December 28, 2017
by Emma Fletcher
Division of Consumer and Business Education, FTC
Would you pay $49 for a “secret code” to make huge sums of money automatically? That’s what the FTC says the fraudsters behind the Mobile Money Code scam promised. In fact, the FTC alleges that the defendants and their affiliate marketers were out to rip people off.
In a case announced today, the FTC says the defendants took more than $7 million and provided nothing more than software products that showed people how to create a mobile-friendly website.
The FTC says that the defendants paid a network of affiliate marketers to drive people to its websites. These affiliates used spam emails to push false claims and deceptive marketing. According to the FTC, they included:
Fake testimonials — “real life” rags to riches stories... that were really from paid actors
Outrageous claims — “You can make $1,000 to $5,000 a day just by having this app running in the background”
High-pressure upselling — for more money you could have a “ready to go” business worth over $250,000
Subject lines like “In transit: Payment into your account”
“Hassle-free” money-back guarantees they did not honor
If someone promises you fast and easy money, it’s a scam. Do you feel yourself wanting to believe it? Watch out! That’s a normal reaction scammers count on. Do not take the bait. Slow down. Search the company’s name online with words like “scam” or “complaint.” Talk to a friend, and help others by reporting what you’ve spotted to FTC.gov/complaint.
Home » News & Events » Press Releases » FTC Alleges Get-Rich-Quick Scheme Bilked Consumers out of Millions with Deceptive Claims
FTC Alleges Get-Rich-Quick Scheme Bilked Consumers out of Millions with Deceptive Claims
Operators claimed consumers could earn big money using “secret codes”
December 28, 2017
Technology Bureau of Consumer Protection Consumer Protection Advertising and Marketing Online Advertising and Marketing
The Federal Trade Commission has charged the operators of a get-rich-quick scheme with deceiving consumers by falsely claiming they could earn big money working from home by using products marketed as “secret codes” that were actually generic software products.
In a complaint filed by the FTC, the Commission alleges that Ronnie Montano, Hyong Su Kim (also known as Jimmy Kim), Martin Schranz and their related companies bilked consumers out of millions of dollars by falsely promising they could earn hundreds to thousands of dollars a day using the defendants’ Mobile Money Code products. In reality, the Mobile Money Code products were generic software applications that could help the user make mobile-friendly websites.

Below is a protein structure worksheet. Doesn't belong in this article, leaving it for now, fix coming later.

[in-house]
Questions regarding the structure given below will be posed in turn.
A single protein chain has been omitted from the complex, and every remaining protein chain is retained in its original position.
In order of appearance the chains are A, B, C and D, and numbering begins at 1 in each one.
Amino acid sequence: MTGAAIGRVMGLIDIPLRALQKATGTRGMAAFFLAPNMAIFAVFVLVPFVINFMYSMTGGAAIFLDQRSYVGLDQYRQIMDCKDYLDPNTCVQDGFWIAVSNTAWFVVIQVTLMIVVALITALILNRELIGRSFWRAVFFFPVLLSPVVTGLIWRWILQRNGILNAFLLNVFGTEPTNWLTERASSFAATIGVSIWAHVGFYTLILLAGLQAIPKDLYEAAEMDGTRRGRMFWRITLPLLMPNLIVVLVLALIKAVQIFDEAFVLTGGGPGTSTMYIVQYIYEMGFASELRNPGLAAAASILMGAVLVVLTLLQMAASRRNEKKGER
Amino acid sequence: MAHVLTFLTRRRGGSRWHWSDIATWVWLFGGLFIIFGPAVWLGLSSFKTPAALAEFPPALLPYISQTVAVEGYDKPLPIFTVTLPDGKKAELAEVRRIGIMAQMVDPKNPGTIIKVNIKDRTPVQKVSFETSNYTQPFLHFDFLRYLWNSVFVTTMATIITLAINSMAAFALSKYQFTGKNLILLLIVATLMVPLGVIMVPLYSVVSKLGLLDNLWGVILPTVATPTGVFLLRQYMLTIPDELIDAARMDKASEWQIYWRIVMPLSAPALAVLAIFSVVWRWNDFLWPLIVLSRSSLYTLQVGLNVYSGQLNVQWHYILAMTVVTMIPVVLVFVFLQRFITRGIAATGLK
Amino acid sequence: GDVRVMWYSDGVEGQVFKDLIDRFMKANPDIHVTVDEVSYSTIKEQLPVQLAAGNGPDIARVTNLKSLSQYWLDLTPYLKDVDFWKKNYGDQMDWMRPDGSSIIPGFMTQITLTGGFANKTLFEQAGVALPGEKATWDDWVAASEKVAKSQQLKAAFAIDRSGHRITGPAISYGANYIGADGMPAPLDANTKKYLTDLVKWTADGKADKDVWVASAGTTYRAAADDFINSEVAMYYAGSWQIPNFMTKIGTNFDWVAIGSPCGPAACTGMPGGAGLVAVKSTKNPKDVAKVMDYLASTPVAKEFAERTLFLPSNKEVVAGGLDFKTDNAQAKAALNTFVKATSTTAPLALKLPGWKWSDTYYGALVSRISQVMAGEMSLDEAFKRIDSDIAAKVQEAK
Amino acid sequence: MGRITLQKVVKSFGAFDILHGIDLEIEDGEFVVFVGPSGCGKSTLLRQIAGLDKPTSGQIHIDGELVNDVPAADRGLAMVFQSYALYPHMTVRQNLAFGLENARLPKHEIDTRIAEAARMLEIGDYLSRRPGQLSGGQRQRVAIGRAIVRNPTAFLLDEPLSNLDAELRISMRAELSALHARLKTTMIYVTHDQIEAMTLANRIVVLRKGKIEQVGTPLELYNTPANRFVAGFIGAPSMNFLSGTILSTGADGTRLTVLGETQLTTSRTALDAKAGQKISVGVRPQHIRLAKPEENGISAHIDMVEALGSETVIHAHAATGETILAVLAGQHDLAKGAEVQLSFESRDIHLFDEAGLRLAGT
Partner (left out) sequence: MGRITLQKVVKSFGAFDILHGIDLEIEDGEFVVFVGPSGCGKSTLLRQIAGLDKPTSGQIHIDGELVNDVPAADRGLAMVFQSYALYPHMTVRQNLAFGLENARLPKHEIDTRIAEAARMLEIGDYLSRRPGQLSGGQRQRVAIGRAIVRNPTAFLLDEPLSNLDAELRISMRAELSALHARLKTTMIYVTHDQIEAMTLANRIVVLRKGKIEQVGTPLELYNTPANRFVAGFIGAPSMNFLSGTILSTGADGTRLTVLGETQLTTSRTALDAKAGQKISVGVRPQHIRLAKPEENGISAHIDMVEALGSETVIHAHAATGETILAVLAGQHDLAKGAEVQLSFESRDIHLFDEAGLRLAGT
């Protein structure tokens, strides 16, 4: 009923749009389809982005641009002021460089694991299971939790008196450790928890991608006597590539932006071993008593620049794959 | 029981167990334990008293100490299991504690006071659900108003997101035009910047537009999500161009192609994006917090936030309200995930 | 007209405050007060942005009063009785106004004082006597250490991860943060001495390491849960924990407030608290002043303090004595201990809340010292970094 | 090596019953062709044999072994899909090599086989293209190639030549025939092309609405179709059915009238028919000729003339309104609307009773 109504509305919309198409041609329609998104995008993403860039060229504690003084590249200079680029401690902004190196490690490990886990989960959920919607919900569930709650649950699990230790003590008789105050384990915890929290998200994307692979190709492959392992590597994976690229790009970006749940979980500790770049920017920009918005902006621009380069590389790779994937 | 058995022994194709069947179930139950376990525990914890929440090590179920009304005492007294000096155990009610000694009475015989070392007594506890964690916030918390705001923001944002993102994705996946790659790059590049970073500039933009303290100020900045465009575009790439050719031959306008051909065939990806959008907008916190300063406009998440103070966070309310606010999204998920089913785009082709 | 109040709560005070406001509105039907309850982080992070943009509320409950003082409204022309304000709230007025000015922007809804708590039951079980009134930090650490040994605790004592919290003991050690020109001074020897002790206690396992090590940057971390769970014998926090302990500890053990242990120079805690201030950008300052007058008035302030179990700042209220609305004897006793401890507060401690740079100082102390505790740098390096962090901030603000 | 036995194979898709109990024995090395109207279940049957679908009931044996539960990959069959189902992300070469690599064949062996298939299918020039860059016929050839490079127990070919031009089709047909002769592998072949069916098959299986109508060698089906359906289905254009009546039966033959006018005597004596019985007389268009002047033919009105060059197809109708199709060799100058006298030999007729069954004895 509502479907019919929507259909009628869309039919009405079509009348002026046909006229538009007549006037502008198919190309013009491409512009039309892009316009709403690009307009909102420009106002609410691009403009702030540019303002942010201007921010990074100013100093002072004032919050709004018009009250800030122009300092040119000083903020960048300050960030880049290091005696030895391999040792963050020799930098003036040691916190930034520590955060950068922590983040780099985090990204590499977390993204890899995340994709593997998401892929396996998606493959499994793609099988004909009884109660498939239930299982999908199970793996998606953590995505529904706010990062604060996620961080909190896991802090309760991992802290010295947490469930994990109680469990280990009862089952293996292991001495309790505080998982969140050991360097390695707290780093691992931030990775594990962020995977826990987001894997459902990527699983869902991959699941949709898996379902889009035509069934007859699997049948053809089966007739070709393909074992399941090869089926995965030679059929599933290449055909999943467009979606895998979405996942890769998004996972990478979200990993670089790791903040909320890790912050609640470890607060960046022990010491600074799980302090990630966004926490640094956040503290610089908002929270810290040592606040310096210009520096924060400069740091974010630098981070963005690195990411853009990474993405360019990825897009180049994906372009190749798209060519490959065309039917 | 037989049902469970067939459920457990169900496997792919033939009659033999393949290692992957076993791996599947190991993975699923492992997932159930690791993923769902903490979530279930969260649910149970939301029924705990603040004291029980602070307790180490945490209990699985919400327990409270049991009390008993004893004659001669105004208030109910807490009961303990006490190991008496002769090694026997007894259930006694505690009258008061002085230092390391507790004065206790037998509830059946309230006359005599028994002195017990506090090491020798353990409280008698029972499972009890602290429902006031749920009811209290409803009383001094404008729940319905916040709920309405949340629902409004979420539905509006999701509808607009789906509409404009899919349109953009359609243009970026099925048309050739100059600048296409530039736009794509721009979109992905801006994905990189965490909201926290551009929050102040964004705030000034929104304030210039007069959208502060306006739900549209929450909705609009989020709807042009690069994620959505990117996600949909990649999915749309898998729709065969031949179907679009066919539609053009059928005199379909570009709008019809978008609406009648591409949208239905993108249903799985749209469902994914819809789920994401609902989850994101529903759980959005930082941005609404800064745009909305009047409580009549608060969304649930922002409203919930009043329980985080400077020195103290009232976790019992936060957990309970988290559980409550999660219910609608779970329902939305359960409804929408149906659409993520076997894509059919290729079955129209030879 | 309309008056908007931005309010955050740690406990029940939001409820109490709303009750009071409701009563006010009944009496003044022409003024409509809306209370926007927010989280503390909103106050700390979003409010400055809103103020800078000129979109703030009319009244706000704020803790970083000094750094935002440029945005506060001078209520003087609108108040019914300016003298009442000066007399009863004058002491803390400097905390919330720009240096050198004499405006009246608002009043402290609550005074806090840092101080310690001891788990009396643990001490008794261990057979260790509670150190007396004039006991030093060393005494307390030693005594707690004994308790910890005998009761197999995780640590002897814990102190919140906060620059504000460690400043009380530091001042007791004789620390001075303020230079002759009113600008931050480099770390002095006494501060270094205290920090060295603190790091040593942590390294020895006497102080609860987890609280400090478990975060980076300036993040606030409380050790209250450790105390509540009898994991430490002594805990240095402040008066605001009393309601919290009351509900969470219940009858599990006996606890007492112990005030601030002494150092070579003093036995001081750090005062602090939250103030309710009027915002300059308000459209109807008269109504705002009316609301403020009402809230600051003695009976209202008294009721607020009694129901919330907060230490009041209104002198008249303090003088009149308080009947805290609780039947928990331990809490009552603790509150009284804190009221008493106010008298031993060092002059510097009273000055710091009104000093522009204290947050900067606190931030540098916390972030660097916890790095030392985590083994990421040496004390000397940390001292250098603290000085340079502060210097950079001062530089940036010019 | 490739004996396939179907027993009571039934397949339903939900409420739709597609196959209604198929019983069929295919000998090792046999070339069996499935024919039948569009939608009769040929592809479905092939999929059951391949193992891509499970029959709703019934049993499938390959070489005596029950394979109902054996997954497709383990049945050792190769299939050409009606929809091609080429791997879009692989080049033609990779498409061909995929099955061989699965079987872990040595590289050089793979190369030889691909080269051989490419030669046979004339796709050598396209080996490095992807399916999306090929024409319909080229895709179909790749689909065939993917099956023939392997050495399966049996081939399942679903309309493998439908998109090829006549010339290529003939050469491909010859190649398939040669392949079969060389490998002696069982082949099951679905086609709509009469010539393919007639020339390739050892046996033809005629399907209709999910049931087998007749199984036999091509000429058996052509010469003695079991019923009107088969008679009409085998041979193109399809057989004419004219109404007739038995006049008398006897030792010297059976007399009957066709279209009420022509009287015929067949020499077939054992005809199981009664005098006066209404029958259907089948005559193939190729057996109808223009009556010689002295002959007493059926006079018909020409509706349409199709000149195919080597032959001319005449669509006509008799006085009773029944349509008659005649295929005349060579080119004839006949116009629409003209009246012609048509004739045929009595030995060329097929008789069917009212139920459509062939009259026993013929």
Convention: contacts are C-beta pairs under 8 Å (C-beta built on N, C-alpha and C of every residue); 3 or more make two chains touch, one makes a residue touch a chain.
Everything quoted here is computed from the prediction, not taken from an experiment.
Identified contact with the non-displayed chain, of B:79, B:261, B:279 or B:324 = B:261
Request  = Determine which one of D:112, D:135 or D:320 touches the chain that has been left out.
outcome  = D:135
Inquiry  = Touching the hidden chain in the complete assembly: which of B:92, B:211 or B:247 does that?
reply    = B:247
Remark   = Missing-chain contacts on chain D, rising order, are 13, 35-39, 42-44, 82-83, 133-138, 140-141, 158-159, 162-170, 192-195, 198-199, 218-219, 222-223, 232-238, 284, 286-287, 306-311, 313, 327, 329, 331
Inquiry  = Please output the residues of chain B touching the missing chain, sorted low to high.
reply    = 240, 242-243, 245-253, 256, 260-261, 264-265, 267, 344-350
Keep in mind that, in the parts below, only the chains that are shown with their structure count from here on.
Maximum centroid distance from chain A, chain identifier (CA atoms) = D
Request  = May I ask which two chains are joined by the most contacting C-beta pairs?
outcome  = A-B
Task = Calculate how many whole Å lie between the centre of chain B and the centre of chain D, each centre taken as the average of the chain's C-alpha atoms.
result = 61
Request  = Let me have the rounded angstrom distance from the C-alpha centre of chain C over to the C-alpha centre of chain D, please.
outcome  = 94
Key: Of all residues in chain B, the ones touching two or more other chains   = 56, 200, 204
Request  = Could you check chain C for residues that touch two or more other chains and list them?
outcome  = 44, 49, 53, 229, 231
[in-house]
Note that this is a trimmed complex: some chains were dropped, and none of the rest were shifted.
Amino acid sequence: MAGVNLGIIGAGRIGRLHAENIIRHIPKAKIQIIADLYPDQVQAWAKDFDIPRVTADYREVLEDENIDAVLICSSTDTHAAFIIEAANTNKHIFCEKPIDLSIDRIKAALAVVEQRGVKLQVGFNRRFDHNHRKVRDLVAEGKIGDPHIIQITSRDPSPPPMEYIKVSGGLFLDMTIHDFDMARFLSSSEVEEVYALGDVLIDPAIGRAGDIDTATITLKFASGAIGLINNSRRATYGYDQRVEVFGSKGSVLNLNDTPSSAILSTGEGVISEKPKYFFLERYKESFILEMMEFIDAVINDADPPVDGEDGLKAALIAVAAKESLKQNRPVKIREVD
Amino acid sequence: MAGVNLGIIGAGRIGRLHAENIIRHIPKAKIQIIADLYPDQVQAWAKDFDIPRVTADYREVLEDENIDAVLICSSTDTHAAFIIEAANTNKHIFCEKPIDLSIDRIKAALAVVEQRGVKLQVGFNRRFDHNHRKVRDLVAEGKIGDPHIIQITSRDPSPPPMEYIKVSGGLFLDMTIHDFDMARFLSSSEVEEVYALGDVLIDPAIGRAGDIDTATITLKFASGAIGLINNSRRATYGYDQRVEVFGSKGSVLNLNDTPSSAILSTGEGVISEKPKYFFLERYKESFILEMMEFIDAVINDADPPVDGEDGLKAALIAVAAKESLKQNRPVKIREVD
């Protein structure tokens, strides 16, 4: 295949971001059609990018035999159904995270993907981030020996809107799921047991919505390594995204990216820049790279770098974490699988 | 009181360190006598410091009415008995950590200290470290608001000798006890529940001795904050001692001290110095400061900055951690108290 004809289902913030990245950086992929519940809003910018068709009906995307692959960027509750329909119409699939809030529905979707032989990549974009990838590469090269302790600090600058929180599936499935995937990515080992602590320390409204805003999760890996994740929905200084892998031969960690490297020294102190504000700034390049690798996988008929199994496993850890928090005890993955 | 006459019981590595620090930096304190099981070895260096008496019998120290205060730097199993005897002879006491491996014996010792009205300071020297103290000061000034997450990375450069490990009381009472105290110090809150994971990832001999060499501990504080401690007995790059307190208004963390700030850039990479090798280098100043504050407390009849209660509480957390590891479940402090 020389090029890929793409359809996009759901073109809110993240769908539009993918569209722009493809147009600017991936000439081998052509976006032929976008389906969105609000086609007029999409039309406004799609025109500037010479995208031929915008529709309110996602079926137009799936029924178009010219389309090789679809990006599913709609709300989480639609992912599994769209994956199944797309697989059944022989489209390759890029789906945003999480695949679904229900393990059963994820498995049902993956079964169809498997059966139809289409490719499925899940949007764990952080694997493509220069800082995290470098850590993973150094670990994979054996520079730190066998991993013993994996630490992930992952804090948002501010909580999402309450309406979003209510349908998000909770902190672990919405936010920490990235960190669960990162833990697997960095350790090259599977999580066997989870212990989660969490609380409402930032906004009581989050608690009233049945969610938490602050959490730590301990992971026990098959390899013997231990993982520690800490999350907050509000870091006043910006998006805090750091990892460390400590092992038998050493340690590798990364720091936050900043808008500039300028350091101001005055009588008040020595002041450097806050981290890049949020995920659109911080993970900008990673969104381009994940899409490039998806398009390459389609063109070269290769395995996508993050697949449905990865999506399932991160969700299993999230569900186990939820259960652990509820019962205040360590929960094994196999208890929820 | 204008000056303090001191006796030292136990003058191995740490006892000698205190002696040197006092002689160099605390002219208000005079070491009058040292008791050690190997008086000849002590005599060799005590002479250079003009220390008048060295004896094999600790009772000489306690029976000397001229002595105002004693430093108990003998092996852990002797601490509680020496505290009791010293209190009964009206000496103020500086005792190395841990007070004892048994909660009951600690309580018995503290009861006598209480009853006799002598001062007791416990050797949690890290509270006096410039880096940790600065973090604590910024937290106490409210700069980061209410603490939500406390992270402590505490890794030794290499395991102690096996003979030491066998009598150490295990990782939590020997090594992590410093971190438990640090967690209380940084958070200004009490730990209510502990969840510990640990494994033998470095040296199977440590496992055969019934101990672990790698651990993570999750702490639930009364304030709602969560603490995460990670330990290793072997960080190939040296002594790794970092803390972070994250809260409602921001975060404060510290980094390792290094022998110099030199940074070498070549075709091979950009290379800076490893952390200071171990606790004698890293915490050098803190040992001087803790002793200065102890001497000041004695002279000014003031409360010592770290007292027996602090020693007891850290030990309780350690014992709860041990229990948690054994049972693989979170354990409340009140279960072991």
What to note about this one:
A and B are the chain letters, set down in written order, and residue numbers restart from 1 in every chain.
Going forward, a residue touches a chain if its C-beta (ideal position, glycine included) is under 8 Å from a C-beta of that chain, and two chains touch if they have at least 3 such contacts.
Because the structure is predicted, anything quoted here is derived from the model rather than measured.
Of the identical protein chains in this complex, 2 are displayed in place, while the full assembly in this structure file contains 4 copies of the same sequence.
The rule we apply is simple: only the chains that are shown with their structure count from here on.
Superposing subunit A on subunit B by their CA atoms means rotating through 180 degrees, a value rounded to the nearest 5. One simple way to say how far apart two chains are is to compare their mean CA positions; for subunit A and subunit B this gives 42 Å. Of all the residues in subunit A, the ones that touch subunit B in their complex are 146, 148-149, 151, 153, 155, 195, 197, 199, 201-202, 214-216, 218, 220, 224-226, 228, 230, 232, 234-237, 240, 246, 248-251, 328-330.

The complaint alleges that the defendants primarily contacted consumers with spam emails sent by affiliate marketers. For example, some emails cited in the complaint claimed that the products were a “secret method folks are using to make thousands of dollars per day (seriously!)” or that users can start “generating 60k a month on 100% autopilot.” The defendants allegedly sold their products through a variety of websites such as mobilemoneycode.com, automobilecode.com and secretmoneysystem.com.
In addition to the deceptive earnings claims, the defendants allegedly used misleading subject headings in the spam email they sent to consumers and failed to include a clear means to opt out of future messages. Consumers who went to the defendants’ websites were met with more deceptive claims, including online videos that featured individuals who claimed they made hundreds to thousands of dollars per day using the defendants’ products. In reality, these individuals were actors hired by the defendants to provide false testimonials.
Consumers who tried to exit the websites without purchasing a product were allegedly blocked with a series of pop-up messages. Even those consumers who agreed to make an initial purchase were asked to make additional purchases through upsells and add-ons, according to the complaint.
The complaint also alleges that the defendants did not honor their “60-day hassle-free money back guarantee” and made it extremely difficult, if not impossible, to obtain a full or partial refund.
The FTC alleges that the defendants violated the FTC Act’s prohibition against deceptive practices and the CAN-SPAM Act, which requires that a commercial e-mail contain accurate header and subject lines, identify itself as an ad, include a valid physical address, and offer recipients a way to opt out of future messages.
The Commission vote authorizing the staff to file the complaint against Montano, Kim and Schranz―as well as their affiliated businesses Montano Enterprises LLC, JK Marketing LLC and GSD Master AG―was 2-0. The complaint was filed in the U.S. District Court for the Middle District of Florida.
NOTE: The Commission files a complaint when it has “reason to believe” that the law has been or is being violated and it appears to the Commission that a proceeding is in the public interest. The case will be decided by the court.
The Federal Trade Commission works to promote competition, and protect and educate consumers. You can learn more about consumer topics and file a consumer complaint online or by calling 1-877-FTC-HELP (382-4357). Like the FTC on Facebook (link is external), follow us on Twitter (link is external), read our blogs and subscribe to press releases for the latest FTC news and resources.
Juliana Gruenwald Henderson (link sends e-mail)
Office of Public Affairs
Christopher E. Brown
Bureau of Consumer Protection